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Joint Blog Series: Medical care in armed conflict PART II
When do medical personnel lose their protection under IHL in armed conflict? Specifically, what acts are considered ‘harmful to the enemy’? Who may medical personnel defend against what without losing their special protection? And, do medical personnel regain their previous status once they have ceased to commit acts harmful to the enemy?


Part I of this two-part post looked at whether distinct medical services are required under IHL, whether there is an obligation for military medical services to be prepared to collect and care for wounded and sick civilians, when civilian medical personnel can be considered ‘assigned’ to a party such that they enjoy special protection under IHL, and at an exception for respect of medical confidentiality. 


5. What are acts harmful to the enemy?

IHL contains no explicit treaty rule on when medical personnel lose their special protection. There are, however, detailed rules on when fixed medical establishments and mobile medical units lose their special protection (GC I, Art 21; GC II, Art 34; AP I, Art 13; ICRC CIHL, Rules 28 and 29). While it is accepted to apply those rules to medical personnel by analogy, this must be done mutatis mutandis in my view. Special protection is lost when they commit acts harmful to the enemy outside of their humanitarian duties, but only after due warning is given and after a time limit for stopping such acts has remained unheeded (GC I, Art 21; GC II, Art 34; AP I, 13(1); ICRC CIHL, Rules 28 and 29).[1]

What constitutes acts harmful to the enemy by medical personnel is controversial. Most consider that the term is wider than that of direct participation in hostilities (see e.g., here at 411, here and here at 329).[2] This is correct for medical units and transports for whom the concept is specifically used in the treaties. The phrase includes not only overt hostilities, but also sheltering able-bodied combatants or fighters.

In my view, however, persons lose their special protection only if they directly participate in hostilities. It is true that the above-mentioned examples of acts harmful to the enemy do not constitute direct participation in hostilities. However, this stems simply from the fact that the expression ‘acts harmful to the enemy’ was elaborated for medical units and establishments, while ‘direct participation in hostilities’ refers to persons. A hospital can obviously not directly participate in hostilities, but it can be used to commit acts harmful to the enemy if it shelters able-bodied combatants. Although I must admit that this interpretation remains subject to controversy, my opinion is that this same logic does not apply to medical personnel. That is, if medical personnel were to shelter an able-bodied combatant, this action should not be considered as an act harmful to the enemy entailing a loss of protection. Admittedly, my interpretation will raise controversy. For instance, driving an ammunition truck from a port to a place where the ammunition will be stocked does not constitute direct participation in hostilities (see here at 56), while most would argue that, if committed by medical personnel, it would be an act harmful to the enemy. However, this conclusion has only a limited practical impact, because regardless of who is driving the truck, the truck is may be targeted, as a legitimate military objective. And, the status of the driver is unlikely to outweigh the military advantage in making the proportionality assessment.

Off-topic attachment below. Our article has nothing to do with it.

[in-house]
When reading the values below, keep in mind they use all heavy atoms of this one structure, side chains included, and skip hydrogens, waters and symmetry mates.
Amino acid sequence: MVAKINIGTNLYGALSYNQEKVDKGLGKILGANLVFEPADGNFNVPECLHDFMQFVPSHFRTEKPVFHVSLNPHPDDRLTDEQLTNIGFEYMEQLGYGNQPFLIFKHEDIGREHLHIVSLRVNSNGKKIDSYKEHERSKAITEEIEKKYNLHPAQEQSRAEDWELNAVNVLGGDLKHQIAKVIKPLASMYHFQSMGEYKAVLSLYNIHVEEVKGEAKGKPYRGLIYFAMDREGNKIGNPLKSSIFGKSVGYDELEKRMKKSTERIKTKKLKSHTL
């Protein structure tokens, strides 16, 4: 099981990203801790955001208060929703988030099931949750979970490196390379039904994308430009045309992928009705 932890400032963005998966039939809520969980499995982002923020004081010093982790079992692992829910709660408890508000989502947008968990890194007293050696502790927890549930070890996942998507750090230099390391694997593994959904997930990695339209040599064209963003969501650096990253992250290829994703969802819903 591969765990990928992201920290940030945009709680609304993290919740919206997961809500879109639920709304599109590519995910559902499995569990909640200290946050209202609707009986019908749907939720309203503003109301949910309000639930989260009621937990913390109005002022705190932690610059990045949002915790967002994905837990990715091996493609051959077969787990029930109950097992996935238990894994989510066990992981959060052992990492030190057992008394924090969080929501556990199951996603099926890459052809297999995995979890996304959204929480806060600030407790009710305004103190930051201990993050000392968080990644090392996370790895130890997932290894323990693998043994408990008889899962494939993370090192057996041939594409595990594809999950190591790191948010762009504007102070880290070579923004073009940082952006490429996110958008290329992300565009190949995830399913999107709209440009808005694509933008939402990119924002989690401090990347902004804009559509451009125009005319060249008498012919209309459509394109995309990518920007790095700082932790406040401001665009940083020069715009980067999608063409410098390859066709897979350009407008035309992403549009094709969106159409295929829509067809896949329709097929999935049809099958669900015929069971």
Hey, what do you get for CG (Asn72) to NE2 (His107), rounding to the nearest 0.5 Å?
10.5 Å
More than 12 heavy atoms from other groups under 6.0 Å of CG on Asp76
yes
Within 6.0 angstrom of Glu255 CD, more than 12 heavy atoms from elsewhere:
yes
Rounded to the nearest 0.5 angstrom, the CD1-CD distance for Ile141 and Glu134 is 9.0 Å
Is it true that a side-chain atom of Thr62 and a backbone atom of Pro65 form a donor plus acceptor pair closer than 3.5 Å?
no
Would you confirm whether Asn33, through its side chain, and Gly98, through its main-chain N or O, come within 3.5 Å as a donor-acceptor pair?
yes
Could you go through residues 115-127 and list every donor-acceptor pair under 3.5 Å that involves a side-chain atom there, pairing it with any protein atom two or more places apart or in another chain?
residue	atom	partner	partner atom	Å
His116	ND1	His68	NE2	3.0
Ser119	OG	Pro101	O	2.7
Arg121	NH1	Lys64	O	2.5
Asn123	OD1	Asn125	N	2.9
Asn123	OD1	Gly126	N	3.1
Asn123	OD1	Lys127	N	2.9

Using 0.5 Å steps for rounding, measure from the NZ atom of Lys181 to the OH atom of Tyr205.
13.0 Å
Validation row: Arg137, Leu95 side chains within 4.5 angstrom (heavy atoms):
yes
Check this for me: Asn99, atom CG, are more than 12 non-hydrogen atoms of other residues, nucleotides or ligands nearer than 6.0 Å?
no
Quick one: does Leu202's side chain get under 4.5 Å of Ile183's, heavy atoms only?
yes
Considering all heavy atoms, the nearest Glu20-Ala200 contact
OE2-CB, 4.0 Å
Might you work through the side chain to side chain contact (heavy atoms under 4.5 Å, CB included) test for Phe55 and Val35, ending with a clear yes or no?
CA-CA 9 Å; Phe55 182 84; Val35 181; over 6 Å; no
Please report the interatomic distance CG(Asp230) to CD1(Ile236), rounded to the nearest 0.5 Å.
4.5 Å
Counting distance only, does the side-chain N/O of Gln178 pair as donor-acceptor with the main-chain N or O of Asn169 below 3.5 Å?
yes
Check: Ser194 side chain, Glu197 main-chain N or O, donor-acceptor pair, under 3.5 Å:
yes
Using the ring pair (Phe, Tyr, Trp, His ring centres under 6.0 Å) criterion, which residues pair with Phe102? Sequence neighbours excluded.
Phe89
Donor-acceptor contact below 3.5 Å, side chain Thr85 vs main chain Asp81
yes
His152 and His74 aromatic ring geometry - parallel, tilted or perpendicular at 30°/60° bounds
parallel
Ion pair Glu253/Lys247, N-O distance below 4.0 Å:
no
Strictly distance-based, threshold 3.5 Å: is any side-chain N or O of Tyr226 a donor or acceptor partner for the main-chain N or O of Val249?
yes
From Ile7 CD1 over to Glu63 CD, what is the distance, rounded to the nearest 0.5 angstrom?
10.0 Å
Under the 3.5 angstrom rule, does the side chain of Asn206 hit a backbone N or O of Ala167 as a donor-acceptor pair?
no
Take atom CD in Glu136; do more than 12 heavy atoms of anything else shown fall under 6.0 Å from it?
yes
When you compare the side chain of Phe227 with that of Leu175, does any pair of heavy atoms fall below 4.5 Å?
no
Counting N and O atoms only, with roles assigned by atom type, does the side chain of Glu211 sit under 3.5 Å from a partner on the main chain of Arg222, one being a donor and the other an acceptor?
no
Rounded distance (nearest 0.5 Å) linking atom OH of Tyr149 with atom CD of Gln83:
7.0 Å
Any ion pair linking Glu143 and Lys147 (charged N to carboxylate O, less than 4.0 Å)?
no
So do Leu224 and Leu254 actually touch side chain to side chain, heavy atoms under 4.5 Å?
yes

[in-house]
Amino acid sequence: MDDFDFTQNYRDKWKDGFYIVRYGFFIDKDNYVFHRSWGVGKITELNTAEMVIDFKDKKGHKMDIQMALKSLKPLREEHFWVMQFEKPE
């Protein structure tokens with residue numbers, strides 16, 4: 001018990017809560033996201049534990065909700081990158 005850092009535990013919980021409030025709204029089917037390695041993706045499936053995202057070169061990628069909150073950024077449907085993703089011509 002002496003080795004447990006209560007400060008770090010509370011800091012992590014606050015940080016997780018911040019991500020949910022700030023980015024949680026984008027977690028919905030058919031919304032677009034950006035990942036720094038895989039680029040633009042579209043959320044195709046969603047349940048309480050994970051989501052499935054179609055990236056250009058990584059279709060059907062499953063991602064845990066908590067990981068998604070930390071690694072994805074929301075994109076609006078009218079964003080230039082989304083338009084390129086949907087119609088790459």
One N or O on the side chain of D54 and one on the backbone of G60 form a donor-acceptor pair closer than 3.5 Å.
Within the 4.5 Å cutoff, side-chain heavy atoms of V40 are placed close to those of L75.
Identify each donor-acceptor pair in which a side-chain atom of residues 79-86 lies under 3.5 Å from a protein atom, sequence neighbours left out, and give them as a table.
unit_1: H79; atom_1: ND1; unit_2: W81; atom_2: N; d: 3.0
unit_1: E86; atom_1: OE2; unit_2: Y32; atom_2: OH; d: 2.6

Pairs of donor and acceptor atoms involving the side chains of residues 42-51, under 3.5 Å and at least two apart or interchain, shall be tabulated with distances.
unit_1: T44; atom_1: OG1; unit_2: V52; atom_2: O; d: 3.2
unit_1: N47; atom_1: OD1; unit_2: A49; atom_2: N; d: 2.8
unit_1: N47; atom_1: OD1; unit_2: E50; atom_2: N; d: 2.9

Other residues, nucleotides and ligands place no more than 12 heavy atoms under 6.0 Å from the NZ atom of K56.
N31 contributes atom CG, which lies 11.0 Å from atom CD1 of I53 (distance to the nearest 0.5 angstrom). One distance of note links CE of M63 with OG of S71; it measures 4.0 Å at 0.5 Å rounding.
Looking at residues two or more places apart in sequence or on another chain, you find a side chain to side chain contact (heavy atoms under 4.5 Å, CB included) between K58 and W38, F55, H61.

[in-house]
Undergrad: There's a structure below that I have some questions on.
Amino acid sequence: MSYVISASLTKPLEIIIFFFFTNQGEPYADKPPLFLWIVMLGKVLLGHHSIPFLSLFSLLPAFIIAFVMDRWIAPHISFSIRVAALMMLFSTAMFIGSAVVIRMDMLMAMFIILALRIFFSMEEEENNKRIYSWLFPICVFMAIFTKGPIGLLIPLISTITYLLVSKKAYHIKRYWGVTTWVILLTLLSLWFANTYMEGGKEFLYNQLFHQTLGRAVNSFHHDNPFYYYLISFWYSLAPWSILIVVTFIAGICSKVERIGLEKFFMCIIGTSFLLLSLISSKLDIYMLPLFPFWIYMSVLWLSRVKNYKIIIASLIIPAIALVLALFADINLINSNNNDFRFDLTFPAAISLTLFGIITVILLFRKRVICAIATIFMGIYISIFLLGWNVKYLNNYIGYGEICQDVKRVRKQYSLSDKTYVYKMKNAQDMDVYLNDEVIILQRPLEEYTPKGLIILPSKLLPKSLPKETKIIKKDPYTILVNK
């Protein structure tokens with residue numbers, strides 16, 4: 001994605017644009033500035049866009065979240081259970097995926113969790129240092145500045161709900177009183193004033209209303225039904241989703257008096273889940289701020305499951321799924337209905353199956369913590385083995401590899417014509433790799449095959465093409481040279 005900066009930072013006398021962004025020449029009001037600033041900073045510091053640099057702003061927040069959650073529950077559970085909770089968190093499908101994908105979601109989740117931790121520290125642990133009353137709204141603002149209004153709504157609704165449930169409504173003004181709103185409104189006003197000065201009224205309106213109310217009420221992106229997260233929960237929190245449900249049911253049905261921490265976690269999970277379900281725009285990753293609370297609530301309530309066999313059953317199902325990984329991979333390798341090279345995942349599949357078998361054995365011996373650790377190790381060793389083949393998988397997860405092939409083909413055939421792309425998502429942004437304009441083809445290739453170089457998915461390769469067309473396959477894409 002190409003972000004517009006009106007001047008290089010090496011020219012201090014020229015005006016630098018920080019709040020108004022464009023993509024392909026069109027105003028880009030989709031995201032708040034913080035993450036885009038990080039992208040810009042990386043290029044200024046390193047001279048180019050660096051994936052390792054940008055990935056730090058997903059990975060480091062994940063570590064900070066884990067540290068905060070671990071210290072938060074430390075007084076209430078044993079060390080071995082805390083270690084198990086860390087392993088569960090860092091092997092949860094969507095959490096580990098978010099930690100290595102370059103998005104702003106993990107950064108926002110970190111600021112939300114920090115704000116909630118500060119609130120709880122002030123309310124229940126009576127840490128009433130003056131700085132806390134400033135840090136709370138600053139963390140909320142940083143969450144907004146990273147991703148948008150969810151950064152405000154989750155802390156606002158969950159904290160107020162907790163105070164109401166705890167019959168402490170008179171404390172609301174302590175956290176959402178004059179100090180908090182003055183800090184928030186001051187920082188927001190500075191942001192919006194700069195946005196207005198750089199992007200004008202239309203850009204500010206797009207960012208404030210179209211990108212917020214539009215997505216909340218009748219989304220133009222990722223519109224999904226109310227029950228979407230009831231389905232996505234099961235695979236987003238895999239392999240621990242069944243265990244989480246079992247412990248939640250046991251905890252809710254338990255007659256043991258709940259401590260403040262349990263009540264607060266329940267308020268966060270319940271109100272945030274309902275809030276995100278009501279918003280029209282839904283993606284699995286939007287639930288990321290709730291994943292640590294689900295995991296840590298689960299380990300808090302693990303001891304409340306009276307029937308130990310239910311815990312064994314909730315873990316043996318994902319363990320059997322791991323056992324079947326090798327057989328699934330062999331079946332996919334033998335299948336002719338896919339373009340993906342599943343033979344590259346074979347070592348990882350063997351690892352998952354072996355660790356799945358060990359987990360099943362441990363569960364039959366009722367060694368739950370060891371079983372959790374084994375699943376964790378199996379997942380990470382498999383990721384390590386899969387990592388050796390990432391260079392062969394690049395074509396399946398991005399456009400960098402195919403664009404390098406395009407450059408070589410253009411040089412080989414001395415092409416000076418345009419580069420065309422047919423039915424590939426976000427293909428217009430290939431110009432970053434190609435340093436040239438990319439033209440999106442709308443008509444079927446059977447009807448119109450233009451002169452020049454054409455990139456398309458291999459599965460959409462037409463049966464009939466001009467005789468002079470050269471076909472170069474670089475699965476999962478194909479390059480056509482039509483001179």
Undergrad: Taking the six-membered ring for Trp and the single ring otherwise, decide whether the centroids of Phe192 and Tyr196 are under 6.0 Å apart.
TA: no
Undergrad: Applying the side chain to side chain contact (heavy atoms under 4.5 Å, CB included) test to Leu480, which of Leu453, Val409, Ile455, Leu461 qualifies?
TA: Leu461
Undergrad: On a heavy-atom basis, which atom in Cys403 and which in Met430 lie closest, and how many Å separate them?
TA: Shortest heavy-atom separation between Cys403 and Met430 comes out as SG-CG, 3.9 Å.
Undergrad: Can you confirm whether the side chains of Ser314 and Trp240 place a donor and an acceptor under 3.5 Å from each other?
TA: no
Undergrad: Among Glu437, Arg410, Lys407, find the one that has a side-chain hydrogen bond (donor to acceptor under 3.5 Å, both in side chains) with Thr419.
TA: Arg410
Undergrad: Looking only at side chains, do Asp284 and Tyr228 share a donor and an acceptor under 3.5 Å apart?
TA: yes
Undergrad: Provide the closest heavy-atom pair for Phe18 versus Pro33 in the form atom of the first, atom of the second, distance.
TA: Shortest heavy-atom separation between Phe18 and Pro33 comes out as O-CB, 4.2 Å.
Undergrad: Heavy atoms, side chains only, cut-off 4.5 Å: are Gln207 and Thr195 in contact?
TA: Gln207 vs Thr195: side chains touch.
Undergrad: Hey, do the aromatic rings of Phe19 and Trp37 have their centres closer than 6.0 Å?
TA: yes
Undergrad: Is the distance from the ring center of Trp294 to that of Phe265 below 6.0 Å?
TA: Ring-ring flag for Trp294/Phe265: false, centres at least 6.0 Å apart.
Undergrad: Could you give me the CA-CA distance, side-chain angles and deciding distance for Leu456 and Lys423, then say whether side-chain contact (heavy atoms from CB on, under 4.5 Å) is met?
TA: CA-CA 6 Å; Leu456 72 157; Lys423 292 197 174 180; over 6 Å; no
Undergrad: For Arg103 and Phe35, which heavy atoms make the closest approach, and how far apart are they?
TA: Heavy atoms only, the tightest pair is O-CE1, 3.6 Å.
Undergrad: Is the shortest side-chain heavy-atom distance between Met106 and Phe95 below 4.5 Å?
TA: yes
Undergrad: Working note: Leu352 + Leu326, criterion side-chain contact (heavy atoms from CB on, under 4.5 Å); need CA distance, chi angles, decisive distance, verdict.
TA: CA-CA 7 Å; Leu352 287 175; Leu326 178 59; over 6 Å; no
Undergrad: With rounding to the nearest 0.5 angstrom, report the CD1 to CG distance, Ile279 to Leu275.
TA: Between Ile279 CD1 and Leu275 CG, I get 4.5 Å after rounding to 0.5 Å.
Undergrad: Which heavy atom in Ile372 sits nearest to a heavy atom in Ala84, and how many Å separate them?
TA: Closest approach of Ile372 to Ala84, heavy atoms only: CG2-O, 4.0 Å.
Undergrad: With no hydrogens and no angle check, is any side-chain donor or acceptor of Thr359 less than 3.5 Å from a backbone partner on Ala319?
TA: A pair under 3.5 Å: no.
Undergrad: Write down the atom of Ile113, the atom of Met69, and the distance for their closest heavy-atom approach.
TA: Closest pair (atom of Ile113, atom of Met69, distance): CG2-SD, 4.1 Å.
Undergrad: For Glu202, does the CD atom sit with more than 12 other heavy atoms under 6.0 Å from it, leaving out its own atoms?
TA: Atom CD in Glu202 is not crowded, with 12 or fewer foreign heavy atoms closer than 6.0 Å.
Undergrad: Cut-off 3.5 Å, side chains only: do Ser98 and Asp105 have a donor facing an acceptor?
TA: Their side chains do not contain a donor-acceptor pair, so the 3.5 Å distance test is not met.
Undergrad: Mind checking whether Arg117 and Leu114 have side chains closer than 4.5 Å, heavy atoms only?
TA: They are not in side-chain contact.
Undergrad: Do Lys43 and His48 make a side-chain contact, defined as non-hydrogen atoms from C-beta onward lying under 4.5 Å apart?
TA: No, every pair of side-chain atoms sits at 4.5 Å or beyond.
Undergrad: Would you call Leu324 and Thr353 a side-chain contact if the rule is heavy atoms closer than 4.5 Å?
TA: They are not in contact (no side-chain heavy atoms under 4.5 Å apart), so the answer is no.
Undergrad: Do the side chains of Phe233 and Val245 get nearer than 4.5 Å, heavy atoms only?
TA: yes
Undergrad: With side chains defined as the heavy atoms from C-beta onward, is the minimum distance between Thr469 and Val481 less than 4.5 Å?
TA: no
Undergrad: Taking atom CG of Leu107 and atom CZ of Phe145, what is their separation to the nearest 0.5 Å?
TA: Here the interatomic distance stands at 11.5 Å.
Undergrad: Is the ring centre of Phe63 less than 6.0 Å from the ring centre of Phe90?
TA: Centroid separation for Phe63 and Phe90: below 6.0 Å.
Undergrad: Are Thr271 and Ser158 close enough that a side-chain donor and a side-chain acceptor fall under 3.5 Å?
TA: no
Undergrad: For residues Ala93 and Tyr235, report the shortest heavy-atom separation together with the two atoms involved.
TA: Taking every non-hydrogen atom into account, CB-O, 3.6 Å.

It is important to clarify here that a wide range of acts may be carried out by medical personnel outside their humanitarian function—such as the distribution of food or the construction of a bridge for the civilian population—without entailing a loss of protection against attacks under international humanitarian law. Geneva Convention I and Additional Protocol I cite only some examples of acts which do not entail a loss of protection, because they would otherwise be controversial (see GCI, Art 22; API, Art 13). Notably, both treaties provide in particular that medical units do not lose their protected status by virtue of their personnel being armed for the purpose of their own defence or the defence of the wounded and sick. They may use those weapons in self-defence or in the defence of the wounded and sick, but only in response to unlawful attacks.